New entrants into the crypto market are often daunted by the responsibilities: how can you keep those private keys safe? Lose the scrap of paper on which you’ve scribbled your keys and seed phrases and you’ll lose access to all of your crypto.
It’s the same for crypto domain names, says Brad Kam, founder of the San Francisco-based decentralized domain name registrar, Unstoppable Domains. Buy one of his .crypto domains, the rarer among them costing upward of $10,000, and you’ll be responsible for guarding the keys to the domain name with which you can host your very own decentralized, censorship-resistant website. Lose it, and you’ll lose access to your .crypto website.
Scared? We are, too. But, just as you can entrust crypto custodians with your Bitcoin, so too —now—can you hand over your keys to your .crypto domain name to a crypto custodian. Today, Unstoppable has announced that you can entrust your .crypto domain names with Gemini Custody, the custodial service run by Cameron and Tyler Winklevoss.
What is a decentralized domain name and why would you want to give them to the Winklevoss twins?
Blockchain-based .crypto domain names, Kam told Decrypt (once again) are unlike the .coms of the world. Whereas the .com domain is regulated by ICANN, the UN body that keeps guard over the Internet and can rescind .com domains at will, .crypto domain names are non-custodial, meaning that their owners have complete control over them. Neither ICANN, nor anyone else, can take down websites hosted on .crypto domains.
That’s because .crypto domains are just tokens held in Ethereum wallets. To be precise, a .crypto domain is a unique NFT, or non-fungible token, the same kind of Ethereum token used by digital collectibles, like CryptoKitties. Since its inception in 2018, Unstoppable has sold 260,000 .crypto domain name tokens to 21,000 customers.
So why, after going to such trouble, would you want to hand over your .crypto domain name to a pair of Bitcoin billionaires? A government could surely overpower the Winklevoss twins, Olympic athletes though they were, and shut down your website.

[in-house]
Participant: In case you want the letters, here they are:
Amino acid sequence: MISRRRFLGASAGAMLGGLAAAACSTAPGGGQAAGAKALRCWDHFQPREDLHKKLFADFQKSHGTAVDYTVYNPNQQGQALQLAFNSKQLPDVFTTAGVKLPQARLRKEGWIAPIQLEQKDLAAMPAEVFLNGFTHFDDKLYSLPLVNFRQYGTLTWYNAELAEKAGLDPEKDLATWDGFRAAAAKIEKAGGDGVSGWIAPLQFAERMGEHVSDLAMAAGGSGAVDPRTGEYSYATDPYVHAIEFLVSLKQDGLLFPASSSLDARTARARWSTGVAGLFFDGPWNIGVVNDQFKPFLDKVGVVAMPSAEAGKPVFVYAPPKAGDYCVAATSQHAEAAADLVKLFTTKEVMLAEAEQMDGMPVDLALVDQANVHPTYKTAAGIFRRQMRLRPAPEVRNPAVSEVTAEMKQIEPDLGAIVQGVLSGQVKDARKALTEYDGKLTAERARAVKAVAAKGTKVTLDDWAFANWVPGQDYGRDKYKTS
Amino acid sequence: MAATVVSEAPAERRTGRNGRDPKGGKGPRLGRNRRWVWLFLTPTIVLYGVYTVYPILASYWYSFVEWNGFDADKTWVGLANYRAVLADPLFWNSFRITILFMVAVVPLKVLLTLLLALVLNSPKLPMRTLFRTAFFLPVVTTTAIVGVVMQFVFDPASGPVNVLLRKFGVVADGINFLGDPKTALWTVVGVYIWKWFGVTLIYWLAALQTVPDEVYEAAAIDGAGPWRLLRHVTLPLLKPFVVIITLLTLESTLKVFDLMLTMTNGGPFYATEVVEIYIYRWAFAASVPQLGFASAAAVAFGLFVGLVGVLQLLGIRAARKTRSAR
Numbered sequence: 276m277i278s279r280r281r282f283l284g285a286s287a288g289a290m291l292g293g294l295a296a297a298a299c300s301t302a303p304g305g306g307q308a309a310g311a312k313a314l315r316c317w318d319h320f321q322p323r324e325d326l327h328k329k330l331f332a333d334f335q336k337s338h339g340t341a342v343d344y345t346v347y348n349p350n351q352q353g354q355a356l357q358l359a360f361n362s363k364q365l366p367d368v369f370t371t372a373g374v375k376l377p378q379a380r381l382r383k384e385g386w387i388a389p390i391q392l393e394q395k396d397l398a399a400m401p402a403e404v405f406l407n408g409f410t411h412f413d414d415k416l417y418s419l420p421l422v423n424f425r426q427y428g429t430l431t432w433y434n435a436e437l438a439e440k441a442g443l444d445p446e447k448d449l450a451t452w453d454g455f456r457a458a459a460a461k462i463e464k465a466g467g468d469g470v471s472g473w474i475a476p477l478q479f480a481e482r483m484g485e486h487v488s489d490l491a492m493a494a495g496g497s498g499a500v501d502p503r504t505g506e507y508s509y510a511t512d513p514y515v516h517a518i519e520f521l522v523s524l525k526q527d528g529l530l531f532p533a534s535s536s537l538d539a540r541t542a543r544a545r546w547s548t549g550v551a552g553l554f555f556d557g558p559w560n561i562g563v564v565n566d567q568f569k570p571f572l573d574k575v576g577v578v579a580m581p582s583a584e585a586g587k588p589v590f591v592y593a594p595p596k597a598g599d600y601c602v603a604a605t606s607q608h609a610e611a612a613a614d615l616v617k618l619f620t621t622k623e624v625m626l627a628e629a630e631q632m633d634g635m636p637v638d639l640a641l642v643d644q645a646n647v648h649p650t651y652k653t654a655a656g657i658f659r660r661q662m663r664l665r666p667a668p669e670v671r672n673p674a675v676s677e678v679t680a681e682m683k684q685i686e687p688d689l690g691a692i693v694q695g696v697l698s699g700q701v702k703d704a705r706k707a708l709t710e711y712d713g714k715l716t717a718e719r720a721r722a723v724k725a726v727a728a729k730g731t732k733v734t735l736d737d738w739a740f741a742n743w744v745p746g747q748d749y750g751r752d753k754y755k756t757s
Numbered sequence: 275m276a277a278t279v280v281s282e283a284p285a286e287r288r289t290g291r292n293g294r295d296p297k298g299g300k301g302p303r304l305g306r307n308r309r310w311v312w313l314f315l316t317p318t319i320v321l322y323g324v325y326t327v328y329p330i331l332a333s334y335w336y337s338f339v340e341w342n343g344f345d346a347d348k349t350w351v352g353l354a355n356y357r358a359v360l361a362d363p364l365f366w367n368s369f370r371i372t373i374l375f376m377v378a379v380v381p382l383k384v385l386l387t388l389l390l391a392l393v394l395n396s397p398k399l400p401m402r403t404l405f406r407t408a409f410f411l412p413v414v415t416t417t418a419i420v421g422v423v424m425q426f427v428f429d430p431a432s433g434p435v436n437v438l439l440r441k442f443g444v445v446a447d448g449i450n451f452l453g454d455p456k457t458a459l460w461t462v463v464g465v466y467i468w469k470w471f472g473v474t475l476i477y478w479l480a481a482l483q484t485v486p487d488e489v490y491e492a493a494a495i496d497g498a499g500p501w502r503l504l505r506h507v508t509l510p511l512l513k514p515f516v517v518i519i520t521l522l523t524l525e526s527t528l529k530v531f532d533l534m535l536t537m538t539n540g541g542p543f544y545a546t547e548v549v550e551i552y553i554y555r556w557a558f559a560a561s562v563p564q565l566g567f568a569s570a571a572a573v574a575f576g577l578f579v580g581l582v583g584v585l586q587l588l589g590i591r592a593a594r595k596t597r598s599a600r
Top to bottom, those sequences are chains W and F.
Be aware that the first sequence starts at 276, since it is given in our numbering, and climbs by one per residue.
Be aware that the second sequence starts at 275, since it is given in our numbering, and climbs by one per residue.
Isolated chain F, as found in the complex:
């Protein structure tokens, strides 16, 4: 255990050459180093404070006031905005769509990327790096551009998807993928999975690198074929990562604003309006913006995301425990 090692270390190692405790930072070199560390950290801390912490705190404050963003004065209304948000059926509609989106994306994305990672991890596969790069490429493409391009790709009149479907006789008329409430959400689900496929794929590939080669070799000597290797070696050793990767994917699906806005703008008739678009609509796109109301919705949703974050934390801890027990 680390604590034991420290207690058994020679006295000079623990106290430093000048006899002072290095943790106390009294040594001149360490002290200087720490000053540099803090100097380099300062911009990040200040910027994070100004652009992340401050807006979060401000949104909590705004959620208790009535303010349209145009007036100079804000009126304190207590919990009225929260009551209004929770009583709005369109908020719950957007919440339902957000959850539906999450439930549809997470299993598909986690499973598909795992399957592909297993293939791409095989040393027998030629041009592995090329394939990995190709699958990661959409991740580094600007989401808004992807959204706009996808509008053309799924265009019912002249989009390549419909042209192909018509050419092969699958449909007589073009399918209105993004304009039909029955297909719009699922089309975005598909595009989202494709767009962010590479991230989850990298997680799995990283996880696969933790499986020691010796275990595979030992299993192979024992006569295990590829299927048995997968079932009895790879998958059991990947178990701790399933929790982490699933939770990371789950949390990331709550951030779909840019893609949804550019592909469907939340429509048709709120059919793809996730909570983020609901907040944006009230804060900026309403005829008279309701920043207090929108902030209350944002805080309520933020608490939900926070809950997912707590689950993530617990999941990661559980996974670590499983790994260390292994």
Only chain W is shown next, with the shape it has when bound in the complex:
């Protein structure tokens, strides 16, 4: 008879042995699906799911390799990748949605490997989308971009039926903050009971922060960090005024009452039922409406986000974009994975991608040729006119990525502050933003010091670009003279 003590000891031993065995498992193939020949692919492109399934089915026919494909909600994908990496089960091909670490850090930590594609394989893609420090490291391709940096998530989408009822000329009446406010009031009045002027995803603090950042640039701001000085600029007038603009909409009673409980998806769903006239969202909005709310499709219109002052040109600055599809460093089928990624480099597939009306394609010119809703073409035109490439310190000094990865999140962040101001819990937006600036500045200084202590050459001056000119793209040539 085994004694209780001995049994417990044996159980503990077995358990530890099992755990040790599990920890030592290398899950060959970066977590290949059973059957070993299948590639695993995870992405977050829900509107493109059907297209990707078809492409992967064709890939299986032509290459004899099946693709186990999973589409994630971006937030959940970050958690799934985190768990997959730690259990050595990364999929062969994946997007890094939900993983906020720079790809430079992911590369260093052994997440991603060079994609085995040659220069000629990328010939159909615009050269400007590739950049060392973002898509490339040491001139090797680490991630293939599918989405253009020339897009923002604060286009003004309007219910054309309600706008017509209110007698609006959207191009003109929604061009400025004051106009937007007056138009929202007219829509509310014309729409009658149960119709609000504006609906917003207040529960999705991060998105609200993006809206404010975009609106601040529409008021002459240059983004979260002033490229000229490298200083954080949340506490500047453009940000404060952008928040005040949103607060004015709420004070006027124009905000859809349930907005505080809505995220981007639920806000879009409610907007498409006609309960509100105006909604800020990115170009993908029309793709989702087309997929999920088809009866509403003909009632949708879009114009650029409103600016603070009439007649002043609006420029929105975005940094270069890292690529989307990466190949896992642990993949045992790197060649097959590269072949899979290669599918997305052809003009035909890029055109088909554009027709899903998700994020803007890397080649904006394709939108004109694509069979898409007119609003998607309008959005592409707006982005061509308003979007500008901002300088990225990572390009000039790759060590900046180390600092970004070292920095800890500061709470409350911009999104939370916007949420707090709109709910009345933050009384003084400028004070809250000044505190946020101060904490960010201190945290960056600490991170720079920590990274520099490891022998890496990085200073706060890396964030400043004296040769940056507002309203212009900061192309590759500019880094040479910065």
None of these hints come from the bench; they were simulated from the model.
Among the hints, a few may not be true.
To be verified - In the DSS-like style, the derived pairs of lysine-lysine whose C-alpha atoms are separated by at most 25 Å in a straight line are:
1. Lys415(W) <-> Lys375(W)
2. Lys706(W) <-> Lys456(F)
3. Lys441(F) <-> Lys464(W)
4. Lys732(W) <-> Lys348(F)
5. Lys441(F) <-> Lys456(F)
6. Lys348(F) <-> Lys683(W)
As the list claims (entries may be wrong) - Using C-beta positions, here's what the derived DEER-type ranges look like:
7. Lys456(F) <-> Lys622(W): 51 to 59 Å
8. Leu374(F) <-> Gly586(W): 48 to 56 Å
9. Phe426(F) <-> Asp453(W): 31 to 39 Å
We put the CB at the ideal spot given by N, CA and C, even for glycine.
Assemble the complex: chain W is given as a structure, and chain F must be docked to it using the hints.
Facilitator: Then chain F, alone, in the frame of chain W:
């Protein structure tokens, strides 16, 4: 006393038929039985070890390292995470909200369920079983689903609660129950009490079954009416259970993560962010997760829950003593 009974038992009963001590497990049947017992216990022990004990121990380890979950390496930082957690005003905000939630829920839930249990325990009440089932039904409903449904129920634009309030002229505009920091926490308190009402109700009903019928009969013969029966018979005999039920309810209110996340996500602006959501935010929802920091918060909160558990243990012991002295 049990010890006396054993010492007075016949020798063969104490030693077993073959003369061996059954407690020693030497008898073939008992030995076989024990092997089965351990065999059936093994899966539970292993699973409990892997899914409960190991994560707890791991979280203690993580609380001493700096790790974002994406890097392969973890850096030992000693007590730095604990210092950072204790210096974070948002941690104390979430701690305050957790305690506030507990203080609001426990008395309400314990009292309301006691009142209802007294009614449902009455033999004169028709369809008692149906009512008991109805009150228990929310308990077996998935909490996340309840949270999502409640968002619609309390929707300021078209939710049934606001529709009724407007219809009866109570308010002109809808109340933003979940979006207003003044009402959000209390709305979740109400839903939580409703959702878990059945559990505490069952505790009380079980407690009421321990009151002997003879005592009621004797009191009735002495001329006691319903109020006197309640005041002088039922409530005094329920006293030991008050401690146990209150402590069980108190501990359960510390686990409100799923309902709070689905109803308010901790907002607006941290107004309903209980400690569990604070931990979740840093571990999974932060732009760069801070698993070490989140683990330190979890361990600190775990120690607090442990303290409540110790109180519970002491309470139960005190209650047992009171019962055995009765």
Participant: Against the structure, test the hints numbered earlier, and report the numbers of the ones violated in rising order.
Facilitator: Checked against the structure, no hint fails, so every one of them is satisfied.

Kam said that custody services are useful for people who want to keep their .crypto domains safe. “If you are not doing anything with your domain right now, or maybe not doing anything particularly controversial, you may want to store some of them in a custodian for some period of time; you can always move them right out.”
Some of the companies that have bought .crypto domains—among them one unnamed Fortune 100 company; a couple of Fortune 500 companies and several Fortune 1000 companies—have scooped them up so that they can build websites on them later.
“These are traditional businesses. They’re not the kind of people that would be building decentralized websites early. That’s the reason why the custody service is more appropriate for them,” he said.
Whom a .crypto custody service would not be appropriate for, said Kam, is a controversial website, such as Wikileaks, the whistleblowing website that helped Edward Snowden leak his documents about the NSA. A custody service “would be a very, very bad idea for that,” he said. “They would be shut down.”
Appropriateness aside, the very fact that you have the choice to decide who has custody over your domain name is the important part, said Kam. “A traditional domain doesn’t have that property,” he said. As soon as your website requires censorship resistance, you can pull it out of custody.
Said Kam: ”The only reason why the technology is relevant and is an improvement is because it’s self-custody.”